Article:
'SlutWalk' outssex-assault stigma
TAMPA - Last year, more than 800 cases of rape were reported to Tampa Bay area law enforcement. On Saturday, protesters took to the streets to say, "Enough is enough." SlutWalk Tampa filled downtown's Joe Chillura Courthouse Square with hundreds of people — young and old, gay and straight, men and women — to denounce sexual assault. They focused much of their energy on those who claim victims invite assaults by dressing provocatively. "Even in school we're taught to dress a certain way to keep ourselves out of trouble," said Janelle Rojas, a student at the University of South Florida. "Nobody teaches that it's wrong to rape." SlutWalk protests were formed across the United States and Canada this summer.Jackie Horwich, part of the group that organized Saturday's protest in Tampa, agreed the name can be a little off-putting. "It's an ironic name," she said. Protestors aim to neuter the word "slut" by taking it for their own, much as other groups have adopted once-derogatory terms directed at them. "We need to realize some of the things we're saying are hurtful," said Greg Stevens, a recent USF graduate who helped run the protest. Stevens told the crowd he joined the movement because his sister killed herself after being raped and hiding the fact out of shame. She knew people would label her a slut, Stevens said. Society must move beyond viewing women as sex objects, said Stevens, a youth pastor. Jarrett Bowie, a 19-year-old student at Eckerd College in St. Petersburg, wore a white tank top with "real men don't rape" hand-written on the back. Pasco County resident Teagan Alexander, one of three speakers, said she was assaulted by a stranger after a party at Florida State University. She said she reported the assault, but no one has been arrested. "I was not ready to lose my virginity to someone I didn't remember," Alexander said. "I was not ready for my life to change so much overnight."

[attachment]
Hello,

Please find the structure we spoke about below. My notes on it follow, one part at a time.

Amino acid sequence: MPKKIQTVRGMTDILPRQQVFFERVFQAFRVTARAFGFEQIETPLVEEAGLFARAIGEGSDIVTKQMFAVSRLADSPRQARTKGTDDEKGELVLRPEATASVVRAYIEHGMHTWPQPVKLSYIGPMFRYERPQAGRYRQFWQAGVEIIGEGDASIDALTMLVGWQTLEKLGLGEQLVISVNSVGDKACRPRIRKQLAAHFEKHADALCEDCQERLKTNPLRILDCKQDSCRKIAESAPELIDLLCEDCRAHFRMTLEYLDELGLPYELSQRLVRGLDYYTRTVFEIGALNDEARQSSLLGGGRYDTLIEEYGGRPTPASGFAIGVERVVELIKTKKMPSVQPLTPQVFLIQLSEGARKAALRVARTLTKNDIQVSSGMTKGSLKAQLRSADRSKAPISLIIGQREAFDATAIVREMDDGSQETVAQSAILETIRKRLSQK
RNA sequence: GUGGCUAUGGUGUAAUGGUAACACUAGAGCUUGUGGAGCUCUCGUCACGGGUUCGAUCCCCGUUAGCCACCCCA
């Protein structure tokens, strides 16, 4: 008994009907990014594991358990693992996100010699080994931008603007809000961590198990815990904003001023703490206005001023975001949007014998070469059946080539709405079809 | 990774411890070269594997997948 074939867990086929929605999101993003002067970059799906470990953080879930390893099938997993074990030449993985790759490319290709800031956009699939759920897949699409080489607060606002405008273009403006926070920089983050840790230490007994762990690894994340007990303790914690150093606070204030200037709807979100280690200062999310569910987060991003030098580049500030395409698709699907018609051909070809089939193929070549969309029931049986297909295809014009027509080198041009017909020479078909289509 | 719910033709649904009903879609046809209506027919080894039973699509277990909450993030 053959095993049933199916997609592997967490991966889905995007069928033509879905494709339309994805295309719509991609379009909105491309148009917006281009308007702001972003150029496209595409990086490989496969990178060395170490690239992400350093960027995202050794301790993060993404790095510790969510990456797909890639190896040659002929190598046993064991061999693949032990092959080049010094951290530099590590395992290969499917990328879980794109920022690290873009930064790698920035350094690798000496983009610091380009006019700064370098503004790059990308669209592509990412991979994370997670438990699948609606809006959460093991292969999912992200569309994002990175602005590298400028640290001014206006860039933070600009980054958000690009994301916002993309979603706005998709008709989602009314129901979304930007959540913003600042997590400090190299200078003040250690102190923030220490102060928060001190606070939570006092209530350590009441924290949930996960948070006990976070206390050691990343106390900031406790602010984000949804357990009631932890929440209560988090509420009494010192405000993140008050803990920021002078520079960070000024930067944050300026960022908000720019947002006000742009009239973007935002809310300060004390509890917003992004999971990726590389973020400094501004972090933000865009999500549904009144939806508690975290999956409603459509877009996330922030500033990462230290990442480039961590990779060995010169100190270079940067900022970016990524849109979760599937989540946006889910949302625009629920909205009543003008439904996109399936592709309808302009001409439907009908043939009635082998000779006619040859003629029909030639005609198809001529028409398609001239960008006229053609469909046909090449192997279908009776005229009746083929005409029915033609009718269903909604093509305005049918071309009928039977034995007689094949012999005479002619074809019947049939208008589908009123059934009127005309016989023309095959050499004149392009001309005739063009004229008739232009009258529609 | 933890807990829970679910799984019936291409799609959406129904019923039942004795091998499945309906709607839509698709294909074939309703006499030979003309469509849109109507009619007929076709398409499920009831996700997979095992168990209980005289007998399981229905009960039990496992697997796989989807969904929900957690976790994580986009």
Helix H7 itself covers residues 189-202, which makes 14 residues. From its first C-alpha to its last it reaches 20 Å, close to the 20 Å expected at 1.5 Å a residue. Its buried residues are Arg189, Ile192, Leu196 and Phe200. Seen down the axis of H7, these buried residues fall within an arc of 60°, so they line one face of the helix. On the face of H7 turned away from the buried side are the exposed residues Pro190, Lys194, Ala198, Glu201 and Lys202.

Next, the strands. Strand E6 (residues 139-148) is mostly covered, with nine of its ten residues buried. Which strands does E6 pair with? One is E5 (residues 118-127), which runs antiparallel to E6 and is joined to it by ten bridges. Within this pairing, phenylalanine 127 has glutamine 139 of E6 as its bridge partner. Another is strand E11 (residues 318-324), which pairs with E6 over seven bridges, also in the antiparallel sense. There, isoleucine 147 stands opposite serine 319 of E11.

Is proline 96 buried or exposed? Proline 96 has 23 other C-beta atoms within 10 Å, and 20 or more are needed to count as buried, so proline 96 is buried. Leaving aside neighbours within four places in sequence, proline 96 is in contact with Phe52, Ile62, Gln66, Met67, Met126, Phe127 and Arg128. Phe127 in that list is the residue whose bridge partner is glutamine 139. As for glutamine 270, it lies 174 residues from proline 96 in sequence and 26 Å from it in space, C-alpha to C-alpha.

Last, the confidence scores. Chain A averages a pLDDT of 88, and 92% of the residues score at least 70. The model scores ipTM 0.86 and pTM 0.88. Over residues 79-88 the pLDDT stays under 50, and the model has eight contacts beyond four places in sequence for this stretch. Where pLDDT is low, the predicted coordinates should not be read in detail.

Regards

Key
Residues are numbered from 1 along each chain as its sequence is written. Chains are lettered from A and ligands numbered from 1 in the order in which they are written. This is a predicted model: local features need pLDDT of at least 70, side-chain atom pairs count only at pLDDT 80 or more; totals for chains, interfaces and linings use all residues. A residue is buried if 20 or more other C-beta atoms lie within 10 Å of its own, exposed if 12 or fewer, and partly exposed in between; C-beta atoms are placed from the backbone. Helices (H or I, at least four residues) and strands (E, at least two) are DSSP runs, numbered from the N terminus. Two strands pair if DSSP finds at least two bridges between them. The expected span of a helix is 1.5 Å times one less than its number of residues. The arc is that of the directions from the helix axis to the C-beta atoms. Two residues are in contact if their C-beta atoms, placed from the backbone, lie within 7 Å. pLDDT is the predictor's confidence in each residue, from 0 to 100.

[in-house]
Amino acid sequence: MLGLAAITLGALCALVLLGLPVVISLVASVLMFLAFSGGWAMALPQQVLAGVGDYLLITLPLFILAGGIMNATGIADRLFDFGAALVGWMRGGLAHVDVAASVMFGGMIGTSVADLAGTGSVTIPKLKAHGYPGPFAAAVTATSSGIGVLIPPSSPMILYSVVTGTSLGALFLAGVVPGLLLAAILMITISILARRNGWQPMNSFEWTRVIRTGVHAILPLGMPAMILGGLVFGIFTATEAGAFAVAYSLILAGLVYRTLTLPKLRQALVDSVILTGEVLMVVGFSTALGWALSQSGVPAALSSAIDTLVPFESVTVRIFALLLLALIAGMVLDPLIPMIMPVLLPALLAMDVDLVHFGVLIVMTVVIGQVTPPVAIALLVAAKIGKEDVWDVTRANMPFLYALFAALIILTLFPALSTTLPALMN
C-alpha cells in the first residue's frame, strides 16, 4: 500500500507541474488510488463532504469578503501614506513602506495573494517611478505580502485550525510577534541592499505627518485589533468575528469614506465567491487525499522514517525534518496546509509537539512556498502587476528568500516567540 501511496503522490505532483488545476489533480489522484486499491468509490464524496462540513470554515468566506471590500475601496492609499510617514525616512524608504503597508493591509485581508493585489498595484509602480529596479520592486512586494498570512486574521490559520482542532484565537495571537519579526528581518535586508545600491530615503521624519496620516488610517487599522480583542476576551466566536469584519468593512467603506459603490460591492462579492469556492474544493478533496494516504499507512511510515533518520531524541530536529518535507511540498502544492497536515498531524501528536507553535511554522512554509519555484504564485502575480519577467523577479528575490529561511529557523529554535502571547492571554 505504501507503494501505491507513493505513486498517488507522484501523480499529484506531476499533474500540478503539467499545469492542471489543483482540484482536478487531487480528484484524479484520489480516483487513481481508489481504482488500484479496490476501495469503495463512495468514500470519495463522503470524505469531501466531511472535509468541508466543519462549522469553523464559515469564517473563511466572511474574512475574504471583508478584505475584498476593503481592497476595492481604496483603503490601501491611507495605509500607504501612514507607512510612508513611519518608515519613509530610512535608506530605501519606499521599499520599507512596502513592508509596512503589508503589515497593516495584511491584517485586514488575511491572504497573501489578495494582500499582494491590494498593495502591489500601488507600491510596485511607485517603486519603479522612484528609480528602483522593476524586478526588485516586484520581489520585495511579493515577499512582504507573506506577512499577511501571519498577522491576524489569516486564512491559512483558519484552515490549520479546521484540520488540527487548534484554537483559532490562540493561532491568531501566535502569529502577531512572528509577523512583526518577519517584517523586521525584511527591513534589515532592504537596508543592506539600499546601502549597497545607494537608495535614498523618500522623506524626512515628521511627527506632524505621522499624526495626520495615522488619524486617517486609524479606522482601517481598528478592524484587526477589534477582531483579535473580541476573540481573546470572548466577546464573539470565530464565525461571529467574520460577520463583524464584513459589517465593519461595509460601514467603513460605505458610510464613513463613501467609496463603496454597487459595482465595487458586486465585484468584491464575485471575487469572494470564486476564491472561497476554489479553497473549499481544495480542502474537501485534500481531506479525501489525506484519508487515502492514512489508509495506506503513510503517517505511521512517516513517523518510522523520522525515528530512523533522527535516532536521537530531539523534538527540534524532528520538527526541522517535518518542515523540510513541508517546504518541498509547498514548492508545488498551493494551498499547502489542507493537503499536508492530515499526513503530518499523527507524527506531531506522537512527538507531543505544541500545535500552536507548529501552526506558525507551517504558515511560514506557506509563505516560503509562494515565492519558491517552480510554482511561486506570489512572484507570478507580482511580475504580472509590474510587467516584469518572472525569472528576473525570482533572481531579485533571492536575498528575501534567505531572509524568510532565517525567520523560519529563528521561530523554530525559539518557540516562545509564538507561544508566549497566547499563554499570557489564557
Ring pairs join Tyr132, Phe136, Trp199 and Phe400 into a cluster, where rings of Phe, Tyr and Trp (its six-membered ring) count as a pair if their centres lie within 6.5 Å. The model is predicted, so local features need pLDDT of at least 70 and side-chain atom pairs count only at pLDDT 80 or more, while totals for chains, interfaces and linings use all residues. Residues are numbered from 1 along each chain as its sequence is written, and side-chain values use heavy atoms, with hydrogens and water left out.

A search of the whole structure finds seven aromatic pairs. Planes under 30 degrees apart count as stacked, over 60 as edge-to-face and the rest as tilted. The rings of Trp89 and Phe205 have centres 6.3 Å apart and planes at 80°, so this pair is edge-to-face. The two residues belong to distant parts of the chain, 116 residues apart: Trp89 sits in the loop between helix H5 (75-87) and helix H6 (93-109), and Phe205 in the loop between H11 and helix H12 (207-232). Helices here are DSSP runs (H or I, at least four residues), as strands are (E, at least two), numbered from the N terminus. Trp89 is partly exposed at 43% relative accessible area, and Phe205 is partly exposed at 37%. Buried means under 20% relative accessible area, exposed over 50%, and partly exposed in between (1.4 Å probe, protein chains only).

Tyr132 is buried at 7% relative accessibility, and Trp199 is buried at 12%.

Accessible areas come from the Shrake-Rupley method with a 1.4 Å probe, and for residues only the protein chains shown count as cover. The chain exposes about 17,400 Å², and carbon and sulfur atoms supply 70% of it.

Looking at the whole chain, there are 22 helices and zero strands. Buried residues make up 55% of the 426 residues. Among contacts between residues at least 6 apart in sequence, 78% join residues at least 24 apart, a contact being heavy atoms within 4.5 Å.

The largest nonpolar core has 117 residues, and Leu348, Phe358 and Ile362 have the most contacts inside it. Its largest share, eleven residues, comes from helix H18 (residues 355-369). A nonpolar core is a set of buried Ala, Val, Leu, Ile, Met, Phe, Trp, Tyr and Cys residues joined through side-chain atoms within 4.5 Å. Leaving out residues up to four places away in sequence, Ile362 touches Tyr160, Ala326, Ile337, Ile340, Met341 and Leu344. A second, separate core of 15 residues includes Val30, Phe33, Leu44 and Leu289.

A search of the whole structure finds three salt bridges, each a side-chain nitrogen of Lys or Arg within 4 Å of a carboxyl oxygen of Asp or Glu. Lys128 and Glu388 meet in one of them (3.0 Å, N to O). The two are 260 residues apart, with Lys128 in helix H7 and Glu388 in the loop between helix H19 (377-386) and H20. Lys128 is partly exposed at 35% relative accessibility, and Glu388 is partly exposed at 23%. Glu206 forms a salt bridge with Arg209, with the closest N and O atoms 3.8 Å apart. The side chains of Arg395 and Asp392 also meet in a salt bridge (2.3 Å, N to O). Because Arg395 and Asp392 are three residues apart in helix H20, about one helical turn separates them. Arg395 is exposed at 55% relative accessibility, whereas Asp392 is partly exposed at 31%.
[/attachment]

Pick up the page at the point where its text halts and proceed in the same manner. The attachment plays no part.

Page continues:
email@example.com (813) 259-7871 Twitter: @TBOKevinW
Who wants to trade? Hillsborough offers to swap land with Ybor-area property owners for potential Rays ballpark